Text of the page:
Other recent articles have explored underlying factors driving global lithium demand and lithium supply.



Lithium is an essential input in battery production, making it a strategic commodity amid the global pivot from fossil fuels. Yet the United States remains conspicuously absent on the list of top global lithium producers – at least for now. The Trump administration identified the supply of critical minerals as a strategic vulnerability in 2017 when it signed an executive order to assess and strengthen domestic supply chain resiliency. The order called for “a comprehensive evaluation of the defense and industrial base supply chains” and it produced a list of 35 critical inputs that are either essential to the economic and national security of the United States, vulnerable to disruption, or serve “an essential function in manufacturing a product, the absence of which would have significant consequences for our economy and national security.”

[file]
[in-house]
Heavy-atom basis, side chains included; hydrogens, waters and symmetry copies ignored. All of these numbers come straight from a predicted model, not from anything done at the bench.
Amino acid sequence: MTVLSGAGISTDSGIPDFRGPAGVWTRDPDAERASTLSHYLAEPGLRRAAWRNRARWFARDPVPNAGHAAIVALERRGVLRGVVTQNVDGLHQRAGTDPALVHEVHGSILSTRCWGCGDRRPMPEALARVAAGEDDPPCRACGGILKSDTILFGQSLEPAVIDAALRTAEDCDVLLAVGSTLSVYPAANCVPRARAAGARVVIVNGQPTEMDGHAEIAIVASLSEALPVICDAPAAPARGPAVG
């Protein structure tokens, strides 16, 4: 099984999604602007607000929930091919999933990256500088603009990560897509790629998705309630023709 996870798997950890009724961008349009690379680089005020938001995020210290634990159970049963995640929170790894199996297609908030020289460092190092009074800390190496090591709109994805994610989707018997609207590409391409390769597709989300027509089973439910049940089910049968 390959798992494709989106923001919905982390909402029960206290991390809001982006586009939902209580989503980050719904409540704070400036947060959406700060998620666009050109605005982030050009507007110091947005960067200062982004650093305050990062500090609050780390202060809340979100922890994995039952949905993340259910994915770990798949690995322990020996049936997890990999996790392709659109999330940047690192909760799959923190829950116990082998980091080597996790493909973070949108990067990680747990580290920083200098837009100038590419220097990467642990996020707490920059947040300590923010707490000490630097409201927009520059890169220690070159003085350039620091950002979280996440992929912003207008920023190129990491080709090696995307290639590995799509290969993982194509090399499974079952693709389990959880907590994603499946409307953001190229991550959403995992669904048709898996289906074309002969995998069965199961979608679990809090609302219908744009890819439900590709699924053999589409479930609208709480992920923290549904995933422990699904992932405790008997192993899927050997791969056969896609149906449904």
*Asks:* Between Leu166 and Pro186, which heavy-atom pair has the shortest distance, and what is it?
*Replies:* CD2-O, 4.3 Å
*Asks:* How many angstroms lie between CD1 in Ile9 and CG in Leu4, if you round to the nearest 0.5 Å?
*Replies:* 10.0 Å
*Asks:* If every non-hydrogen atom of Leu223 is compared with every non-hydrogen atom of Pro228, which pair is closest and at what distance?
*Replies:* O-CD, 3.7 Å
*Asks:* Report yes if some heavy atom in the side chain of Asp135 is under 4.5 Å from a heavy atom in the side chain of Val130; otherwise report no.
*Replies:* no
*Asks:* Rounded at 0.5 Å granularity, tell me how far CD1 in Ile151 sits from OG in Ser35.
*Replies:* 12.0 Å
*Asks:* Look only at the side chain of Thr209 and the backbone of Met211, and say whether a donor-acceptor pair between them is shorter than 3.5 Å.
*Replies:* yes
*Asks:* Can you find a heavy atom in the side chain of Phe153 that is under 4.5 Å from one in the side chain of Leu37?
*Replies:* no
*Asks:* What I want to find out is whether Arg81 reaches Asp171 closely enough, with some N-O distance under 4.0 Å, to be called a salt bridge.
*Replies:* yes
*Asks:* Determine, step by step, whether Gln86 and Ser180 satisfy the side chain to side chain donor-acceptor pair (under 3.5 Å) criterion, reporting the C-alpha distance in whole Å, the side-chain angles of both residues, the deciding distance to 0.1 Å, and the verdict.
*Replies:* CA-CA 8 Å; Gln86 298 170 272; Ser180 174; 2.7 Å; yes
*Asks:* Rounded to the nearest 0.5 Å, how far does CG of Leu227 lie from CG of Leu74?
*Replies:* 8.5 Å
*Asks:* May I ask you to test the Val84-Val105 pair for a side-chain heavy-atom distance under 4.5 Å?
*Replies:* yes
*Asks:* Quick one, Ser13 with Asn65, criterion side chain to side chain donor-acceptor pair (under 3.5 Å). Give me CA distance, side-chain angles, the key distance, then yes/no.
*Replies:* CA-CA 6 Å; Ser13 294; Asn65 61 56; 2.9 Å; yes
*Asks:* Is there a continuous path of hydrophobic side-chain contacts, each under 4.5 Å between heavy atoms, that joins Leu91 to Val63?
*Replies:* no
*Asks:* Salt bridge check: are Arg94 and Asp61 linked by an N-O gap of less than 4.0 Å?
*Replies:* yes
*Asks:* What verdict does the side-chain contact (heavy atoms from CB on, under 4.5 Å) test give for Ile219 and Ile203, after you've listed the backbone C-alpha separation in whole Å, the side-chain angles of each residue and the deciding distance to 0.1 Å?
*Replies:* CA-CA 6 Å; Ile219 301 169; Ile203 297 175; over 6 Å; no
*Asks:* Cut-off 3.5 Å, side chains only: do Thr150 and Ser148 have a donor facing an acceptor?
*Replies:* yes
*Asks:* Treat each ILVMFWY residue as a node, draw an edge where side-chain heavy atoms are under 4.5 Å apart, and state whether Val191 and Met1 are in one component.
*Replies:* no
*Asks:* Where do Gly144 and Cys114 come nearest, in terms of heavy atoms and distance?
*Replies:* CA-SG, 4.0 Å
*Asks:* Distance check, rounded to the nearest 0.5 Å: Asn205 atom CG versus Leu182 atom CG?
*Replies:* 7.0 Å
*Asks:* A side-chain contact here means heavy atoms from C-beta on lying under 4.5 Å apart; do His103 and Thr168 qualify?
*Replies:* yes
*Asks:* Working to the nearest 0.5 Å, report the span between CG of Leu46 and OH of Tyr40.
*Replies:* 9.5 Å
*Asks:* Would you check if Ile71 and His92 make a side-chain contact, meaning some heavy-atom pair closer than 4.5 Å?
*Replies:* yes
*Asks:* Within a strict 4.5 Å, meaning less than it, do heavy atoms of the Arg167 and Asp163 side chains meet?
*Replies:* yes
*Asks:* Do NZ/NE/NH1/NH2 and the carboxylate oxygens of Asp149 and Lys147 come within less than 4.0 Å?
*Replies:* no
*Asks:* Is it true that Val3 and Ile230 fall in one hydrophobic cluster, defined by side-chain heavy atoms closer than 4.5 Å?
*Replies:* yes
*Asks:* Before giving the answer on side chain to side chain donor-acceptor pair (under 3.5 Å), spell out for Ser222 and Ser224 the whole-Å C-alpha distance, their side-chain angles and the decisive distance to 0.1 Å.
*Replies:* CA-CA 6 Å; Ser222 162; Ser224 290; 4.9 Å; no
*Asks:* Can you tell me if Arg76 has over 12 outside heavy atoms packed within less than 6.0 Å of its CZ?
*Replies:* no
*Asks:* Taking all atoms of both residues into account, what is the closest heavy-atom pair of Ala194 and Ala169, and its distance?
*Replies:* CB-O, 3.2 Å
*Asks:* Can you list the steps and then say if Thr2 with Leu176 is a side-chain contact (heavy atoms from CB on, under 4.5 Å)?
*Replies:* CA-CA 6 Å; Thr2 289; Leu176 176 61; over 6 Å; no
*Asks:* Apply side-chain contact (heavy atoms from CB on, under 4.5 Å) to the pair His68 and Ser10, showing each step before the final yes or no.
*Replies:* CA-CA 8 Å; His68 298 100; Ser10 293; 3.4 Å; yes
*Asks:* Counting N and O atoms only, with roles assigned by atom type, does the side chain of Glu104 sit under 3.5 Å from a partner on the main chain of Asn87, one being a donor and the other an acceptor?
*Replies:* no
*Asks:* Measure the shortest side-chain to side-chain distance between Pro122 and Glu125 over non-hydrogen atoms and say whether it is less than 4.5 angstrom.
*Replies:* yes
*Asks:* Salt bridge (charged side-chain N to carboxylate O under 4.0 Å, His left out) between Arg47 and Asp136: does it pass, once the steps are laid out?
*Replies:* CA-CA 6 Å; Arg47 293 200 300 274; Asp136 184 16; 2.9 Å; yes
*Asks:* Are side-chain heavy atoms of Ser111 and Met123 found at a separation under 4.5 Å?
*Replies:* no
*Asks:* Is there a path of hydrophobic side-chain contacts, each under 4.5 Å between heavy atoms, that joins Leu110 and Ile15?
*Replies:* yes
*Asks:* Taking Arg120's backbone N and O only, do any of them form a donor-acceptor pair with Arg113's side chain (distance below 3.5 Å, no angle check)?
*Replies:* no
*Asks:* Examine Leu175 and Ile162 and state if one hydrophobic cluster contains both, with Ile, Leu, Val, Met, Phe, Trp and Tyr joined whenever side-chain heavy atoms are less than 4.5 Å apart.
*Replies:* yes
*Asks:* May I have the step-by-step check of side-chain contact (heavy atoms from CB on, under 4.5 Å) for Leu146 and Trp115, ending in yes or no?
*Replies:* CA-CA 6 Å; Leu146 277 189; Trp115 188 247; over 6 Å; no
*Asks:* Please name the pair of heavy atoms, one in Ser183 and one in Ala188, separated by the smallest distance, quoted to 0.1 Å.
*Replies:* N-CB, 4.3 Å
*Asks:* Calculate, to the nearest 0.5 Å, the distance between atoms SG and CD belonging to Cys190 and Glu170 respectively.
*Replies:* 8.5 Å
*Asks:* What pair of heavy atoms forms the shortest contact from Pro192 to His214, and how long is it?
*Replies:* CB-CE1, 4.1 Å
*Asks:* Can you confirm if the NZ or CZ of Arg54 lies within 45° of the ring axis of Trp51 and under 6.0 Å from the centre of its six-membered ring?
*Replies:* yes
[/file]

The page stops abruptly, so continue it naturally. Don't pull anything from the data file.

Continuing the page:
Unsurprisingly, lithium is on the list. So too is: cobalt, bauxite, uranium, and rare earth minerals.

The vulnerability has been identified by US policymakers; but can the United States actually hope to catch up to other global producers?